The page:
Fracked waste spews from unused gas well in Ohio entering waterways and harming fish

Credit: Sarah Craig/Faces of Fracking, CC BY-NC-ND 2.0

On Thursday, the Ohio Department of Natural Resources confirmed a fracked gas well in Noble County, Ohio had spilled toxic radioactive oil and gas for more than a week. The fluid, referred to as “produced brine” entered waterways contaminating ground water and harming fish in the Crooked Tree area near Dexter City.

The EPA categorized brine as a salty byproduct of gas and oil production that can contain toxic metals and radioactive substances. According to official, “the chloride counts are really high” in the spewed production brine “that’s why the fish kill happened.”

“For too long, Ohioans have shouldered the risks of the fracked gas industry while polluting corporations reaped all the rewards,” Shelly Corbin, campaign representative in Ohio for the Sierra Club’s Beyond Dirty Fuels Campaign, said. “Enough is enough; Gov. DeWine should immediately issue a moratorium on fracked gas projects and the disposal of oil and gas waste in Ohio while strengthening commonsense protections for the health of our air, water, climate, and communities.”

The fracked gas well, which hasn’t been in production for a few years, is owned by Genesis Resources LLC of Parkersburg. The Ohio Department of Natural Resources (ODNR) was notified on Jan. 24 of the spill, but the states wasn’t able to contain the spewing fluid until Jan. 27.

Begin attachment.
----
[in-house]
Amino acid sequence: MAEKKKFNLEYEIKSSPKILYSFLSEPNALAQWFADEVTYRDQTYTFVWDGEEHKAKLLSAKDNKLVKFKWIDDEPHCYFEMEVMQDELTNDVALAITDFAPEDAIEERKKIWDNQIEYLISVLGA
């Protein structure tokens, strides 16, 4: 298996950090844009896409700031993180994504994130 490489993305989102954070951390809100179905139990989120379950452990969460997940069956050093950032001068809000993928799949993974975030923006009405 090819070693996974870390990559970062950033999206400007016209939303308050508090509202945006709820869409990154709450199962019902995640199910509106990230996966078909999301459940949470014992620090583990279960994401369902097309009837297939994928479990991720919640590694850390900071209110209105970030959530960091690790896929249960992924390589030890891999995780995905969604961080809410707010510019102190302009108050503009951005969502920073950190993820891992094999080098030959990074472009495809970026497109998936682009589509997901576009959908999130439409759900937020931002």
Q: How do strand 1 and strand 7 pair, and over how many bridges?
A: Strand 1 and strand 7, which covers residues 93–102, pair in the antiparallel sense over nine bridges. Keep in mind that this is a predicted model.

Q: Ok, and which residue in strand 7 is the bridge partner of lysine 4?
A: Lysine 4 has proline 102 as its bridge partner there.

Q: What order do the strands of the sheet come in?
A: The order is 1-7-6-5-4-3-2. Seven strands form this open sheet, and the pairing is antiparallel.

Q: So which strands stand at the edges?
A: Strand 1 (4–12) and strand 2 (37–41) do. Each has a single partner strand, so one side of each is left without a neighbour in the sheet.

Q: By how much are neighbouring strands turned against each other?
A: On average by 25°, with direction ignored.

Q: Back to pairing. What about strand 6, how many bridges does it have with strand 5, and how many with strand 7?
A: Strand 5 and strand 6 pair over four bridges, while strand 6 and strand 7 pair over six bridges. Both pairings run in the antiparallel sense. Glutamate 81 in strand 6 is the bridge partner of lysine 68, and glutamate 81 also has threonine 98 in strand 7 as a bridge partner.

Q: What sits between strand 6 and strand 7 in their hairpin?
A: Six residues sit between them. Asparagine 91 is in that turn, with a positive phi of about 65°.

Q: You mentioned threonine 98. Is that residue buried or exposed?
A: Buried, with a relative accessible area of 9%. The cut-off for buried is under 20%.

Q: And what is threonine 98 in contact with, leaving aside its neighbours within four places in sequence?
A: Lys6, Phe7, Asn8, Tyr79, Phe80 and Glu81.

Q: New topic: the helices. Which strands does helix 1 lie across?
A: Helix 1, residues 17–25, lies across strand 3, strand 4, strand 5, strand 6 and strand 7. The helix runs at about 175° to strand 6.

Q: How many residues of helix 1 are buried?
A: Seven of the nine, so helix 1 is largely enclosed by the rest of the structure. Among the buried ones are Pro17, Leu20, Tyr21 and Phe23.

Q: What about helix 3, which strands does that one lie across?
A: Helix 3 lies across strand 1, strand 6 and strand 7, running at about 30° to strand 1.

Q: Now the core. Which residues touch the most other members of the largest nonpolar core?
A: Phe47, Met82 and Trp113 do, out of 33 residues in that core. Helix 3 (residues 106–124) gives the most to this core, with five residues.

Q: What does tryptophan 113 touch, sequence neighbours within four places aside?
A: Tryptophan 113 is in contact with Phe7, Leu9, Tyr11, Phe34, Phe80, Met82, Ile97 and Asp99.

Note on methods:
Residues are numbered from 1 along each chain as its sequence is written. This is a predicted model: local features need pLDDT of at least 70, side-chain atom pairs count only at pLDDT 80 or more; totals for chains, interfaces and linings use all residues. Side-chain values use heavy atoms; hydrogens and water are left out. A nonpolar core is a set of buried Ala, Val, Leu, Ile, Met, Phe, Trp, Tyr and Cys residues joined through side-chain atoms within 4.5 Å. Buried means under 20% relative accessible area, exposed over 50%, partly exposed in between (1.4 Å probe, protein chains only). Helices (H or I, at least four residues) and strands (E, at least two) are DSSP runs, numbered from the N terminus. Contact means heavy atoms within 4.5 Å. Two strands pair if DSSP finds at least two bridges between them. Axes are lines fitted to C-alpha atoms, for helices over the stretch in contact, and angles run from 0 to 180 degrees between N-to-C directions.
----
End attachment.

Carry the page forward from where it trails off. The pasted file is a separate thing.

“Ohio is like swiss cheese, there are an estimated 150,000 or more abandoned wells in Ohio that ODNR doesn’t even know the location of,” Teresa Mills, executive director of Buckeye Environmental Network, said. “As evidenced by the recent blowout, this is a ticking time bomb waiting to happen. We have been exposing Ohio as a radioactive dumping ground that accepts oil and gas waste from all over the region for more than ten years.”

While the cause is still unknown, ODNR said production brine continues to leak from the wellhead, but an ongoing attempt by the Department to collect the emerging liquid has resulted in the disposal of more than 30,000 barrels of fluid.

“If Gov. DeWine can’t protect the people of his own state from dirty, dangerous fracked gas projects, then the U.S. EPA should step in and use every power at its disposal to do so,” Corbin said.


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